Friday, September 28, 2012

Family Recipe Friday - Grandma's Custard

When I was 5 years old my Grandma Bean came to live with us. She was a quiet woman. Tall. Quite slender by then, although I have seen pictures of when she was a rather large woman.

She taught me to find dandelion greens and make wilted greens. “They’re good for your blood,” she would tell me.

She made me creamed eggs once, which I absolutely hated as I recall. I told her I didn’t like eggs and milk together at all! But then, she made the most absolute wonderful thing from eggs and milk I had ever eaten.

Baked custard.

I usually reserve making this until the fall of the year. And I love having it for Christmas breakfast. However, whenever I make it, I can almost feel my Grandma near. There is never a time when I smell the scent of nutmeg that I don’t first think of Grandma Bean.

She’s been gone 37 years now. And it only takes making this simple dish to bring her right back here with me.

Thank you, Grandma.


4 eggs
1/2 cup granulated sugar
2 teaspoons pure vanilla extract
1/4 teaspoon salt (optional)
3 cups milk, heated until very hot
Ground nutmeg or ground cinnamon for garnish, optional


Preheat oven to 350 degrees F. Adjust oven rack to center position. Lightly butter (or use non-fat vegetable spray) six (6-ounce) custard cups and set them into a large baking dish. If cooking custards in a metal pan, cover the bottom of the pan with a layer of newspaper to ensure an even temperature on the bottom.

In a large bowl, beat eggs slightly; add sugar, vanilla extract, and salt and beat until dissolved. Mix in hot milk until blended. Pour egg mixture into prepared custard cups. Sprinkle with nutmeg or cinnamon.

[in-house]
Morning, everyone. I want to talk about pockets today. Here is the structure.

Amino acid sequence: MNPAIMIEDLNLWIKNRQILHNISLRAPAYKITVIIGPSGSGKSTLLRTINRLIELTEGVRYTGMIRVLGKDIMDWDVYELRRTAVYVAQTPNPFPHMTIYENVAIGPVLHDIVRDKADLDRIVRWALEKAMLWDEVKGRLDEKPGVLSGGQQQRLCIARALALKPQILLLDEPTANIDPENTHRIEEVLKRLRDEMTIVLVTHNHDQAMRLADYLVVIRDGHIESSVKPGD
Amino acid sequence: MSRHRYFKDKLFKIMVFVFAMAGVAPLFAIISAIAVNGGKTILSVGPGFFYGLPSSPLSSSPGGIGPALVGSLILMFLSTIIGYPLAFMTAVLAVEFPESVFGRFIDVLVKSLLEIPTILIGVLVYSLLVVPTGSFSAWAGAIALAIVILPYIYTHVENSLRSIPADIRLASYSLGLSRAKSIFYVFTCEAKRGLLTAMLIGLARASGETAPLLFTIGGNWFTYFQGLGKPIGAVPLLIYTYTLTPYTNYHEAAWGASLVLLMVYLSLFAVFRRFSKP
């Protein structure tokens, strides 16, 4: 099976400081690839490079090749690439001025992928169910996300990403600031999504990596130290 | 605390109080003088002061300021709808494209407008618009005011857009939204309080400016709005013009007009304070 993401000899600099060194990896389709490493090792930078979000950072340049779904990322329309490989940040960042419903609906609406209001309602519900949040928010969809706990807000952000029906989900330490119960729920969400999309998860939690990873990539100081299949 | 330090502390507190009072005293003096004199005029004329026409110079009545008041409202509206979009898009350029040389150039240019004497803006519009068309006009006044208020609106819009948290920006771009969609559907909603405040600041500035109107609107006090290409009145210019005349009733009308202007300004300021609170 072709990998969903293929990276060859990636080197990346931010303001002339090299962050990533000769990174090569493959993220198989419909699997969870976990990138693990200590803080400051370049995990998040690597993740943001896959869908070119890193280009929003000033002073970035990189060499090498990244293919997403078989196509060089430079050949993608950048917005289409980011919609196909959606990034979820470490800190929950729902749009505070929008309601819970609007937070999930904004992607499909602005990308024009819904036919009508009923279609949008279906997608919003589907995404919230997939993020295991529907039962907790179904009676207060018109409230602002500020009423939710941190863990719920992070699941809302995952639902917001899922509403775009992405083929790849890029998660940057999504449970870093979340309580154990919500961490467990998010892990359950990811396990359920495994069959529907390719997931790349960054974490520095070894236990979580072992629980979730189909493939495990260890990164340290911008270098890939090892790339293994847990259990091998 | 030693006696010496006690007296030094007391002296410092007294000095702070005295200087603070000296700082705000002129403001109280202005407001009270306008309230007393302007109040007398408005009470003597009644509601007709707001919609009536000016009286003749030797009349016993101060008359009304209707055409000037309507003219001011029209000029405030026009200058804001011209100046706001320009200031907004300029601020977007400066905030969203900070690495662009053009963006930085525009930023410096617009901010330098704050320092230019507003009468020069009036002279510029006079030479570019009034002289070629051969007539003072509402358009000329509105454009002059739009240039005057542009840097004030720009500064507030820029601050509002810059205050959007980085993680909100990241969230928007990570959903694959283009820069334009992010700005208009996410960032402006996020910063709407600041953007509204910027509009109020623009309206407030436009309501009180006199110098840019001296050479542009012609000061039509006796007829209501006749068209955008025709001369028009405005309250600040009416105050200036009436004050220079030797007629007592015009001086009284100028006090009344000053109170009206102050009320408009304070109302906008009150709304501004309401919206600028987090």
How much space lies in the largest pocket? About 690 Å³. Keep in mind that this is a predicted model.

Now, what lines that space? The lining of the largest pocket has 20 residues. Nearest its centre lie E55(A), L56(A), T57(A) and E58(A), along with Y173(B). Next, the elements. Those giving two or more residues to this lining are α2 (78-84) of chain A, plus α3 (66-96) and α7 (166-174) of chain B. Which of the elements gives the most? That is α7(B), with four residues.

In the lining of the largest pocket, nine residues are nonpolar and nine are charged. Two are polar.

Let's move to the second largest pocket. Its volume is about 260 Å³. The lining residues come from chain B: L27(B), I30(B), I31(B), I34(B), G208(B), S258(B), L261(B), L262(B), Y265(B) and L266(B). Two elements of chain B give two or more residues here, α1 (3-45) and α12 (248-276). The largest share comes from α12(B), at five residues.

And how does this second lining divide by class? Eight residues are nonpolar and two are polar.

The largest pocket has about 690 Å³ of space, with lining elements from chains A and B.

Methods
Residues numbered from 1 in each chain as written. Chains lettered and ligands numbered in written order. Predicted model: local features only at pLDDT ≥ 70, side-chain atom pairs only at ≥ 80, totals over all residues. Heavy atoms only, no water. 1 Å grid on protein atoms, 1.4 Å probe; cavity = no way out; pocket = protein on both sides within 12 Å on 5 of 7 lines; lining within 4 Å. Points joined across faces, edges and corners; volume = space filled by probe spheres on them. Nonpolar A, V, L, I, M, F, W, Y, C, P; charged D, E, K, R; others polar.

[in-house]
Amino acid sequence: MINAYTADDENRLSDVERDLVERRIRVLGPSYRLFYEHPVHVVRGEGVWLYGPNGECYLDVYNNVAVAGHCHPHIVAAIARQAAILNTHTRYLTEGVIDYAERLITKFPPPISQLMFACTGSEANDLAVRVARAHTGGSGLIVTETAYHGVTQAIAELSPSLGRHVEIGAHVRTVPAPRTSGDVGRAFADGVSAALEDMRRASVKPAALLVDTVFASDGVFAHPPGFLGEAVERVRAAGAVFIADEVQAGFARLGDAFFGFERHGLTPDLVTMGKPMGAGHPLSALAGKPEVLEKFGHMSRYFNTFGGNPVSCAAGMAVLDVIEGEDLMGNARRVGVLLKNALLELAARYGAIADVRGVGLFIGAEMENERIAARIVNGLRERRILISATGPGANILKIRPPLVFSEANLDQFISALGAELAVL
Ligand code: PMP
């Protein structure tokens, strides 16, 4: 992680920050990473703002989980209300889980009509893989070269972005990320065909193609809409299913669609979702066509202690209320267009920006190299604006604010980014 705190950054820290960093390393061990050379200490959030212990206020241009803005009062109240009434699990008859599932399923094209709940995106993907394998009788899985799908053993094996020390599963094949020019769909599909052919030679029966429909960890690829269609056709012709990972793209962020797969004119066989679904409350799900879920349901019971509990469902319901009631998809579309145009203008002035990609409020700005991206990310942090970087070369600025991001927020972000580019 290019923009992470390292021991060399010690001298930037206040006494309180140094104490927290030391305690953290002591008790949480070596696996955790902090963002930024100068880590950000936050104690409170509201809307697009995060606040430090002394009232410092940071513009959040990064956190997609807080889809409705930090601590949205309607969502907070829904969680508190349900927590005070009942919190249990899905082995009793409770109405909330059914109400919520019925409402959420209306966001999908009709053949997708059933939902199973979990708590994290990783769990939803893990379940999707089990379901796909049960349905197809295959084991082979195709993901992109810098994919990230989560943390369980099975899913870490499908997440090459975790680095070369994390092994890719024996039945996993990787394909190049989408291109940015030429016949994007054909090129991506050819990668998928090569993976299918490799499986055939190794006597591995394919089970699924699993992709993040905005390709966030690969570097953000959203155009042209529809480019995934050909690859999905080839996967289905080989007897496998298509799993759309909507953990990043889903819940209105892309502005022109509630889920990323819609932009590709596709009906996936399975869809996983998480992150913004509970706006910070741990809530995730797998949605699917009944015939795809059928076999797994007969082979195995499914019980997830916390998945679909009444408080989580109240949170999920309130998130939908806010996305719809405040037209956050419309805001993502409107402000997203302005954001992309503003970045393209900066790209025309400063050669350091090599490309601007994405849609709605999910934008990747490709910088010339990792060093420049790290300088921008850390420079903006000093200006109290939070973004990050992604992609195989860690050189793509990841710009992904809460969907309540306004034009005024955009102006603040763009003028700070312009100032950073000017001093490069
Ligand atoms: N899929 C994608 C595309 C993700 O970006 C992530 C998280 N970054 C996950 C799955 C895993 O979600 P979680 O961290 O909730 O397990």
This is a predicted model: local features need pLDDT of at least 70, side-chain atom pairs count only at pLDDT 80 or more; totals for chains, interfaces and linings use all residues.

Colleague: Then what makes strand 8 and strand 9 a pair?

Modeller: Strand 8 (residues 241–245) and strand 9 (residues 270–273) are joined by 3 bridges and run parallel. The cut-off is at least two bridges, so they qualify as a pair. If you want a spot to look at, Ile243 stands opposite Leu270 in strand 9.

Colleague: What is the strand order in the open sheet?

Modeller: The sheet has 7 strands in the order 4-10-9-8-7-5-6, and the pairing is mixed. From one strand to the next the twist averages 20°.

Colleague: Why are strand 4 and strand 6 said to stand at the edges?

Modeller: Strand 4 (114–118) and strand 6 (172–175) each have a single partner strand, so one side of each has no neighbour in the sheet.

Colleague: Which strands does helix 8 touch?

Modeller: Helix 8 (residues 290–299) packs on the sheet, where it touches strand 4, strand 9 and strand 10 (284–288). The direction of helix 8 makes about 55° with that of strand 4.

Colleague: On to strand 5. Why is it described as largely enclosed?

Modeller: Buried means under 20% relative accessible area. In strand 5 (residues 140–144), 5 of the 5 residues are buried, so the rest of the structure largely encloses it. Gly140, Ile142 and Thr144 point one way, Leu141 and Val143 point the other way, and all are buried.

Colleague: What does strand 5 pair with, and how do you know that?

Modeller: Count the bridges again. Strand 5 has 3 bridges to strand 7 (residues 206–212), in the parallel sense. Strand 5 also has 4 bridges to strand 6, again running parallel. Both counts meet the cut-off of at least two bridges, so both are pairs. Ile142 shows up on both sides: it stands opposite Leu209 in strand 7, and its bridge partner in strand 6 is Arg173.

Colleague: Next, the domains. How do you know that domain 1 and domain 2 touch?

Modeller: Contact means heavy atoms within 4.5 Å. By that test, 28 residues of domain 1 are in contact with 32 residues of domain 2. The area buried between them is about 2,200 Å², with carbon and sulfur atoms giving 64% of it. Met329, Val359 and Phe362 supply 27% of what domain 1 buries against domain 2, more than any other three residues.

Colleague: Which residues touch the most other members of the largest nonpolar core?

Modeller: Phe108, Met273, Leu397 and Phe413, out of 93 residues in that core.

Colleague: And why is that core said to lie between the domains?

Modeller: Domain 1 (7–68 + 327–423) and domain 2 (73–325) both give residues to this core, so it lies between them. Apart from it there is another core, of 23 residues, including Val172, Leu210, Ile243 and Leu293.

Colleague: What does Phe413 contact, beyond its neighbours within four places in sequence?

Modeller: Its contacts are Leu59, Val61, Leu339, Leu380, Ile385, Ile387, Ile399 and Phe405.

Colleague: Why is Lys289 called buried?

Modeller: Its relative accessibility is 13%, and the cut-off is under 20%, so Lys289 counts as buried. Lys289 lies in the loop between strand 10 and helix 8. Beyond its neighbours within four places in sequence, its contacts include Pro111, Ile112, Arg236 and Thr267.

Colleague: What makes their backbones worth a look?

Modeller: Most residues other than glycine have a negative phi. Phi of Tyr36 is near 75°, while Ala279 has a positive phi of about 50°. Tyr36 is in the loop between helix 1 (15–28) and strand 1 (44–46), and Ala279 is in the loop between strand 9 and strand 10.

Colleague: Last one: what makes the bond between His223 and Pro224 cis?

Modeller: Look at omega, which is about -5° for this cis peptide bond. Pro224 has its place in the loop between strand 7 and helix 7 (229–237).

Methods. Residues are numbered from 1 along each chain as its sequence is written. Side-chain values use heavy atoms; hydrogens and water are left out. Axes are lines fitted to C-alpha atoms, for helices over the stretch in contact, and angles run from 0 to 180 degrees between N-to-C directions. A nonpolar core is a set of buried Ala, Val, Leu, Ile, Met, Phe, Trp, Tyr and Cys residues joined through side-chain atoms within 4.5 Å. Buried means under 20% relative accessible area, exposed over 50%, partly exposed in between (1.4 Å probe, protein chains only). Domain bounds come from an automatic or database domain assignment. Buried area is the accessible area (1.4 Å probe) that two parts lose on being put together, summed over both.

Bring the water for the water bath to a light simmer on top of the stove; carefully pour hot water into the baking pan to come half-way up the sides of the custard cups. [NOTE: The most common mistake people make in baking a custard is not putting enough water in the hot-water bath. The water should come up to the level of the custard inside the cups. You must protect your custard from the heat. Carefully pour hot water into the baking pan to come halfway up the sides of the custard cups.

Bake 25 to 30 minutes or until set around the edges but still loose in the center. The cooking time will depend largely on the size of the custard cup you are using, but begin checking at 20 minutes and check back regularly. When the center of the custard is just set, it will jiggle a little when shaken, that's when you can remove it from the oven. Remove from oven and immediately remove cups from water bath; cool on wire rack until room temperature. Cover with plastic wrap, and refrigerate at least 2 hours or up to 2 days.

Makes 6 servings (depending on size of custard cups).

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